Philip Du Caju, Theodora Kosma, Martina Lawless, Julian Messina and Tairi Rõõm conducted a survey of firms across 14 European countries. They conclude that issues with unions contracts or collective bargaining were of secondary importance to worker morale and staff retention. This means that including renegotiation costs seems misguided. This does, however, not explain why this is so important to staff morale. After all, what really matters is the real wage. What is this psychological factor that makes us think foremost in nominal terms? Or is it that managers only have the impression that this matters? What we need here is some experimental data where some employees are hit with a nominal wage decrease and others not, and see whether it makes a difference. Good luck finding a manager willing to do that, though. And I wonder whether the surveys results would be different in economies where the social mission of employers is less developed.

Wednesday, January 22, 2014

Taxing banks does not tame them

During the last financial crisis, it was quite obvious that at least some banks were taking excessive risks. What do economists usually advocate when it comes to discouraging particular behaviors? Taxes. And that is popular as the foolishness of banks has imposed costs on the taxpayers. Thus, some countries such as Germany, the UK and the Netherlands have imposed taxes on banks. Did that work?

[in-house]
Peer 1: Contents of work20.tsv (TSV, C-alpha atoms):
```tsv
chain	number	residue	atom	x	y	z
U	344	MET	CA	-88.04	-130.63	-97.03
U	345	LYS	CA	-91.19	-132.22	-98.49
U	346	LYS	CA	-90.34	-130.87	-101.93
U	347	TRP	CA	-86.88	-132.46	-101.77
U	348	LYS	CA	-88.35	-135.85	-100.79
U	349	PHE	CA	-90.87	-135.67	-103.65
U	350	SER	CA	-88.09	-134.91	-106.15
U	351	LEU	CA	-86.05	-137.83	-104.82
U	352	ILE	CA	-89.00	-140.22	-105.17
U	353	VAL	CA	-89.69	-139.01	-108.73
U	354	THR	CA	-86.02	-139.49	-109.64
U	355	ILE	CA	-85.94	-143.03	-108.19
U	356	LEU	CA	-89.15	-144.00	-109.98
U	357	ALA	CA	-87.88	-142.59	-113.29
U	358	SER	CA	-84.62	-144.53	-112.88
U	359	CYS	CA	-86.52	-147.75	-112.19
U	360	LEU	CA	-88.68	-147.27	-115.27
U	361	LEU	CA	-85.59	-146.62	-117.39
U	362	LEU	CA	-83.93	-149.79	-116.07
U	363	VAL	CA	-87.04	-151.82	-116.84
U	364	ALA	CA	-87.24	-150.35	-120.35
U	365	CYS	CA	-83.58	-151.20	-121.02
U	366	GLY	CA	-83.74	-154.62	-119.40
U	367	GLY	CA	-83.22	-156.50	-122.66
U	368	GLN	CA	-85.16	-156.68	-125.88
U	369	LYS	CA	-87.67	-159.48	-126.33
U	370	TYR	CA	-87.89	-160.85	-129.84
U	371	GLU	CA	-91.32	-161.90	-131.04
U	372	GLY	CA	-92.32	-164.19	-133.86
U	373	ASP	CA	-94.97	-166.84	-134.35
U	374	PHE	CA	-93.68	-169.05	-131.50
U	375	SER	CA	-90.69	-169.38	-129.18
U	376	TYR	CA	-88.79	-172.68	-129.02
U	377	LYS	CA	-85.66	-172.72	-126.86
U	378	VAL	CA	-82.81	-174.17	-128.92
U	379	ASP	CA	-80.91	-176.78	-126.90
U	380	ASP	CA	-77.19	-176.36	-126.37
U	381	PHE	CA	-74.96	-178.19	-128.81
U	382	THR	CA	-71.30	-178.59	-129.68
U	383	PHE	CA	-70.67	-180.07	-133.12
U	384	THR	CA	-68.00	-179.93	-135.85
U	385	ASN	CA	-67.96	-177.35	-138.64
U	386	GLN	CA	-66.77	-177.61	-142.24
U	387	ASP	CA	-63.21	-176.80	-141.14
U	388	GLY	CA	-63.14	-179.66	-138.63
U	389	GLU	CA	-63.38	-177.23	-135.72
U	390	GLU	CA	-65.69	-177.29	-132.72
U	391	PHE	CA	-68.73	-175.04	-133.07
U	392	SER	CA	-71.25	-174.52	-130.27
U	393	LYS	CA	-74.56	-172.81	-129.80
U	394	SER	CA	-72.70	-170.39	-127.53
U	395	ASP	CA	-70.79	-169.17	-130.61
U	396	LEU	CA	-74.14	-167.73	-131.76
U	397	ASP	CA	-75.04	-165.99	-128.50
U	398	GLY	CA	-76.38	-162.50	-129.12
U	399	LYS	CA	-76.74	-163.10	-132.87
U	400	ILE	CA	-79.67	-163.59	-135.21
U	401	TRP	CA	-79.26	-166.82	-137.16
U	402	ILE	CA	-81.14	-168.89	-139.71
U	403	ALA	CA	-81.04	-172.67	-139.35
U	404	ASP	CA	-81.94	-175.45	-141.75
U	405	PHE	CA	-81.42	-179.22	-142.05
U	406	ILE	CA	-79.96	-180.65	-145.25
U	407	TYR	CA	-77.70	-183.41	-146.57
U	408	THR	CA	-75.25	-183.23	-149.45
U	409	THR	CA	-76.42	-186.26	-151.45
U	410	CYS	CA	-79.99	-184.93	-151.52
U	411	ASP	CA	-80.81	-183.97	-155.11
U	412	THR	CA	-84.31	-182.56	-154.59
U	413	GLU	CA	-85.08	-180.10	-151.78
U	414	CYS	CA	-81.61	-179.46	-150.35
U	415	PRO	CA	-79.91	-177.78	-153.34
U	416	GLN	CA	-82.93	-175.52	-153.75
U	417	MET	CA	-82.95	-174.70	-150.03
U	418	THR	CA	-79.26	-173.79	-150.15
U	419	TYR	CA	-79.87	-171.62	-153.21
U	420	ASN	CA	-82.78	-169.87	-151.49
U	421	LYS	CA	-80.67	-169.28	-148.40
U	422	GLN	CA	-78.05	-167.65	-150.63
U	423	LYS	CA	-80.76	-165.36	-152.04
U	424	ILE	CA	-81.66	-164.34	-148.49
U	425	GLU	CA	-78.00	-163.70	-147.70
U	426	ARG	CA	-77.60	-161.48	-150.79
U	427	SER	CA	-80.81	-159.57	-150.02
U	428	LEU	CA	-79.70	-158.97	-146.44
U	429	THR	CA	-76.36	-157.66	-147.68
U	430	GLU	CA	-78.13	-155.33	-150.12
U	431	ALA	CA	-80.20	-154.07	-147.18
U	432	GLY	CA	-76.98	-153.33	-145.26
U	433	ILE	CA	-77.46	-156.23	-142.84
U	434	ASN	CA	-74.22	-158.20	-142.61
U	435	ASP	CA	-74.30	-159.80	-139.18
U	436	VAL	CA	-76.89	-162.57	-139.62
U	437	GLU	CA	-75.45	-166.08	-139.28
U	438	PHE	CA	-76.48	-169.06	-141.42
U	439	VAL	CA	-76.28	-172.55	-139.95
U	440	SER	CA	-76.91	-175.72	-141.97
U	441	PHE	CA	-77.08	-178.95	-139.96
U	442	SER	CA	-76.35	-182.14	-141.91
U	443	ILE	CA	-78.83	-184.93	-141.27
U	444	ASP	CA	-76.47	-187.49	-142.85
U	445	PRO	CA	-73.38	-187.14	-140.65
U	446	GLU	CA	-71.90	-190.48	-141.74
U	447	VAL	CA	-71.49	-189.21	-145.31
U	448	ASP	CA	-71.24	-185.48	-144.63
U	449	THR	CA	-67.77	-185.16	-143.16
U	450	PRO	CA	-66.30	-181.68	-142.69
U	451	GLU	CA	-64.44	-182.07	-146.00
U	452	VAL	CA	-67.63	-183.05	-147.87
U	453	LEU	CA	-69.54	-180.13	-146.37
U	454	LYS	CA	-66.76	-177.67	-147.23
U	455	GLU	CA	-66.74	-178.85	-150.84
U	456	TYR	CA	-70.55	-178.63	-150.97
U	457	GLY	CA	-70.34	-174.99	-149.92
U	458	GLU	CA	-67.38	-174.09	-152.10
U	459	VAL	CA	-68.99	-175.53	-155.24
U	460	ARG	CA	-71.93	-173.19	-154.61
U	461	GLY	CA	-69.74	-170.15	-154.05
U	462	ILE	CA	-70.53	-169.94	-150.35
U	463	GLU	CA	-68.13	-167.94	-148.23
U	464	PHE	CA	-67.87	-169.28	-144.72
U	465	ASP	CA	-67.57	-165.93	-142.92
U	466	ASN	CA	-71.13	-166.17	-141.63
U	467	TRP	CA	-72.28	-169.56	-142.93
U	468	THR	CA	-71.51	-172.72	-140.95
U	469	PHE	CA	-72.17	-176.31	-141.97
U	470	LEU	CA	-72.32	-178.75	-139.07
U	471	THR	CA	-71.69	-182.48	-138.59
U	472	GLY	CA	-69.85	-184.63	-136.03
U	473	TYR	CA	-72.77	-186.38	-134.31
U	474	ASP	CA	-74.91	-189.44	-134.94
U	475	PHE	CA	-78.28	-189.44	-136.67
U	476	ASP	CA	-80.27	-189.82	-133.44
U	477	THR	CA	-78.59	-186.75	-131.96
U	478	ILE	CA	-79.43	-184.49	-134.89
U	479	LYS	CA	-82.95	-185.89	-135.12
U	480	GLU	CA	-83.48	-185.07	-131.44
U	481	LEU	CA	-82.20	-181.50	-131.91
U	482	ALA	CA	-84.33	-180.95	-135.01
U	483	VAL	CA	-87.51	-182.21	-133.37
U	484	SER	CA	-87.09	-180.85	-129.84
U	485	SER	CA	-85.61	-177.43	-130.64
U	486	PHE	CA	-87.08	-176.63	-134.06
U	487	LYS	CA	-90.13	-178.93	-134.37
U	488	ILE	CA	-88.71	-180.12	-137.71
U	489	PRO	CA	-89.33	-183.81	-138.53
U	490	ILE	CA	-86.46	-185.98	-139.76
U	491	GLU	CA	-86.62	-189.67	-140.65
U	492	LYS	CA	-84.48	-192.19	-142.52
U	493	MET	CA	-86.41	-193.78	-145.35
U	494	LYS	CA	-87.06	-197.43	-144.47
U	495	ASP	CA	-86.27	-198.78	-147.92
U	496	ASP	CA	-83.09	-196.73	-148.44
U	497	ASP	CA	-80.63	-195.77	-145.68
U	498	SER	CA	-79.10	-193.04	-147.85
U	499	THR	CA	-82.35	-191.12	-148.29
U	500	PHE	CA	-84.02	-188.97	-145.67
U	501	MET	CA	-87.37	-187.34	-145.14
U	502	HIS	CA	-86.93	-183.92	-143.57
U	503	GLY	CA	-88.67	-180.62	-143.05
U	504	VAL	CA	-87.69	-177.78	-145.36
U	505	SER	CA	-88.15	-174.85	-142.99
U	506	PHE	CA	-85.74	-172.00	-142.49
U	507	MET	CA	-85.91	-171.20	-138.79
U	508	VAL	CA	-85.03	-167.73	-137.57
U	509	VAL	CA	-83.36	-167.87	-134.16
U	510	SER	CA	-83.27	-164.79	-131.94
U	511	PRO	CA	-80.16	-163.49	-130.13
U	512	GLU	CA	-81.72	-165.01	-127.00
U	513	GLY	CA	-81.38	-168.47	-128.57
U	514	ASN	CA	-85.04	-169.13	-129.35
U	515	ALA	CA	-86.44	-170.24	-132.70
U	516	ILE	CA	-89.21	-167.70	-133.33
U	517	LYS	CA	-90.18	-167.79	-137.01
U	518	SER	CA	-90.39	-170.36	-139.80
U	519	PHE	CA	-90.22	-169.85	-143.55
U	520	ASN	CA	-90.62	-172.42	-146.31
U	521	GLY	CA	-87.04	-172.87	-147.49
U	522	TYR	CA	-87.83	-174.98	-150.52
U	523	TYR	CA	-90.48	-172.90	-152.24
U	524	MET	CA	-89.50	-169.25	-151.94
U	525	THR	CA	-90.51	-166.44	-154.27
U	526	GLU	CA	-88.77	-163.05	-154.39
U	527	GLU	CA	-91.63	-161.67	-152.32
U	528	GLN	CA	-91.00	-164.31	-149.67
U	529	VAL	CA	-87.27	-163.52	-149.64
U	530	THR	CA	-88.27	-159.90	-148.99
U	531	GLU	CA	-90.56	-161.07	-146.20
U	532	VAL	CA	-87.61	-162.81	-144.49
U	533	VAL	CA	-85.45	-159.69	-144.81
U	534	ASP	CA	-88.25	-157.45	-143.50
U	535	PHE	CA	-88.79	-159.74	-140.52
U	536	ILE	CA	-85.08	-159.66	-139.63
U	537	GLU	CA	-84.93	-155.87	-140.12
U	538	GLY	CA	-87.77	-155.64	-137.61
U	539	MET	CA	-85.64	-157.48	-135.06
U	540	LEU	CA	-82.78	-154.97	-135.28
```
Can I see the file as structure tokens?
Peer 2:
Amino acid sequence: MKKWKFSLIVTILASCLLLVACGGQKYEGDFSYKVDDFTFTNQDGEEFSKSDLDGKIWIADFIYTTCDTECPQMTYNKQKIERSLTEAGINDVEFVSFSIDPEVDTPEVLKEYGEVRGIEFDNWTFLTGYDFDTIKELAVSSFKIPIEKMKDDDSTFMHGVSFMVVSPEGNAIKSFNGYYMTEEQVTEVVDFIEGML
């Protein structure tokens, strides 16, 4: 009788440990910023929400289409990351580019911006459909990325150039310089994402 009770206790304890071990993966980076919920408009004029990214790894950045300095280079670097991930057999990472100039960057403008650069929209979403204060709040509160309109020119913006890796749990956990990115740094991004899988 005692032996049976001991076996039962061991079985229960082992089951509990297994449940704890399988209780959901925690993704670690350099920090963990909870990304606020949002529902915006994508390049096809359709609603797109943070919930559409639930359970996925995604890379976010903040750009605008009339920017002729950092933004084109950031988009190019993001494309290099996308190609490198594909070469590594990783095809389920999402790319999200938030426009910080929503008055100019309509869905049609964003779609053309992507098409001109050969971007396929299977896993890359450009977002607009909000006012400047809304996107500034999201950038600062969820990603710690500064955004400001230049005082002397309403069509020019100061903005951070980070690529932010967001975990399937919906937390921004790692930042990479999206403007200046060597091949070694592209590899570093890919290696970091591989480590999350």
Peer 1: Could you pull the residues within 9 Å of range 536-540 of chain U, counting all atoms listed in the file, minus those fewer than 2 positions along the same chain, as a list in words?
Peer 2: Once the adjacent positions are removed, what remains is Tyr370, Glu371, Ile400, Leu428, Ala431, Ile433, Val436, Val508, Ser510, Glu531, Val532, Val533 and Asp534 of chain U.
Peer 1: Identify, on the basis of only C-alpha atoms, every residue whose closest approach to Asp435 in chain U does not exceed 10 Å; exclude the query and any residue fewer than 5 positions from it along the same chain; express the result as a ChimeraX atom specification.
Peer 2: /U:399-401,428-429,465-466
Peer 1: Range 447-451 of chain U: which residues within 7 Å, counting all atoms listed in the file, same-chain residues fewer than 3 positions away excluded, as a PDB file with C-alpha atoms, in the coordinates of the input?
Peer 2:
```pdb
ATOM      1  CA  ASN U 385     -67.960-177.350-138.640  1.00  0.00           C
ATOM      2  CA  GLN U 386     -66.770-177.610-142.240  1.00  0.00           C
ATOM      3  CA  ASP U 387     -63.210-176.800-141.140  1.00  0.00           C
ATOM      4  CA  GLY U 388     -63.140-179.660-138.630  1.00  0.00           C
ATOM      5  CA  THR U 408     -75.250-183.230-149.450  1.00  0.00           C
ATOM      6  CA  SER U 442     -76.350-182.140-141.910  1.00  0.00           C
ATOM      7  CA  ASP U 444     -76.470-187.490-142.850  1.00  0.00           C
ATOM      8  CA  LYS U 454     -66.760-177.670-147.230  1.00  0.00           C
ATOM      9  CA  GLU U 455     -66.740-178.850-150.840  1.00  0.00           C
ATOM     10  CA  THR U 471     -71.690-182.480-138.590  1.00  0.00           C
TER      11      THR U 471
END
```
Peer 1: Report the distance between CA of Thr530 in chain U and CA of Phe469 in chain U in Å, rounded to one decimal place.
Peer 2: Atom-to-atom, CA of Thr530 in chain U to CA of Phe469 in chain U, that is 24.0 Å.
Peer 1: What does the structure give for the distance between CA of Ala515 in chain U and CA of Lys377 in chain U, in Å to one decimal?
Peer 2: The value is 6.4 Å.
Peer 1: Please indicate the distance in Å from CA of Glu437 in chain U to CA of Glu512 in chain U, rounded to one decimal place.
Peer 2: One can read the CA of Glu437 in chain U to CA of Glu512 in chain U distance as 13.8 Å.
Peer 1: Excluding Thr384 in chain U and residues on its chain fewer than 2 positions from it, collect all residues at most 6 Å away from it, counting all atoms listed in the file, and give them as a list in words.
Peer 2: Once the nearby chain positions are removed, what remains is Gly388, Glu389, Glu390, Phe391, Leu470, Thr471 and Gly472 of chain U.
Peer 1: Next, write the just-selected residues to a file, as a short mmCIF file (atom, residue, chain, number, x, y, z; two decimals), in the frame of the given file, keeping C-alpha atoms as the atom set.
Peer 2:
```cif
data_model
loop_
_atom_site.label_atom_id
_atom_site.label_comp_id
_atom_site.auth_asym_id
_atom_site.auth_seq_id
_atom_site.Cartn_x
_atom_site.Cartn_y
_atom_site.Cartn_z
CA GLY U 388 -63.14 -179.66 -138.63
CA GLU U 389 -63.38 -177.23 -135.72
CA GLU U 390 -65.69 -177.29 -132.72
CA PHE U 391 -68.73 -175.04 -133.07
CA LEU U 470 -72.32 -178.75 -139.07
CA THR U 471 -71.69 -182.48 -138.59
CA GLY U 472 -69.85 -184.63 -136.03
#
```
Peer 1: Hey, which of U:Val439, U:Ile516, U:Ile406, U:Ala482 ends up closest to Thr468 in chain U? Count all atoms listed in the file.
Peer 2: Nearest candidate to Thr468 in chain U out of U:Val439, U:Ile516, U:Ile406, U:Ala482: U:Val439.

Not really, tell us Michael Devereux, Niels Johannesen and John Vella. They look back at the experience in various European countries and conclude that while this taxation on borrowed funds indeed reduced borrowed funds, and therefore loans, it turns out that it also increased the riskiness of the funding. These are two bads. First, loans actually encourage the economy. Second the risk has increased is of course counter-productive. Even worse, it is the safest banks that reduced most borrowing the the unsafest ones that took on additional risk. How could this happen? As there were fewer borrowed funds, and hence relatively more own assets, regulations allowed banks to modify their risk-weighted portfolio. In other words, regulation that was invariant to the introduction of the taxes made things worse.

Tuesday, January 21, 2014

Consumption taxation is not that regressive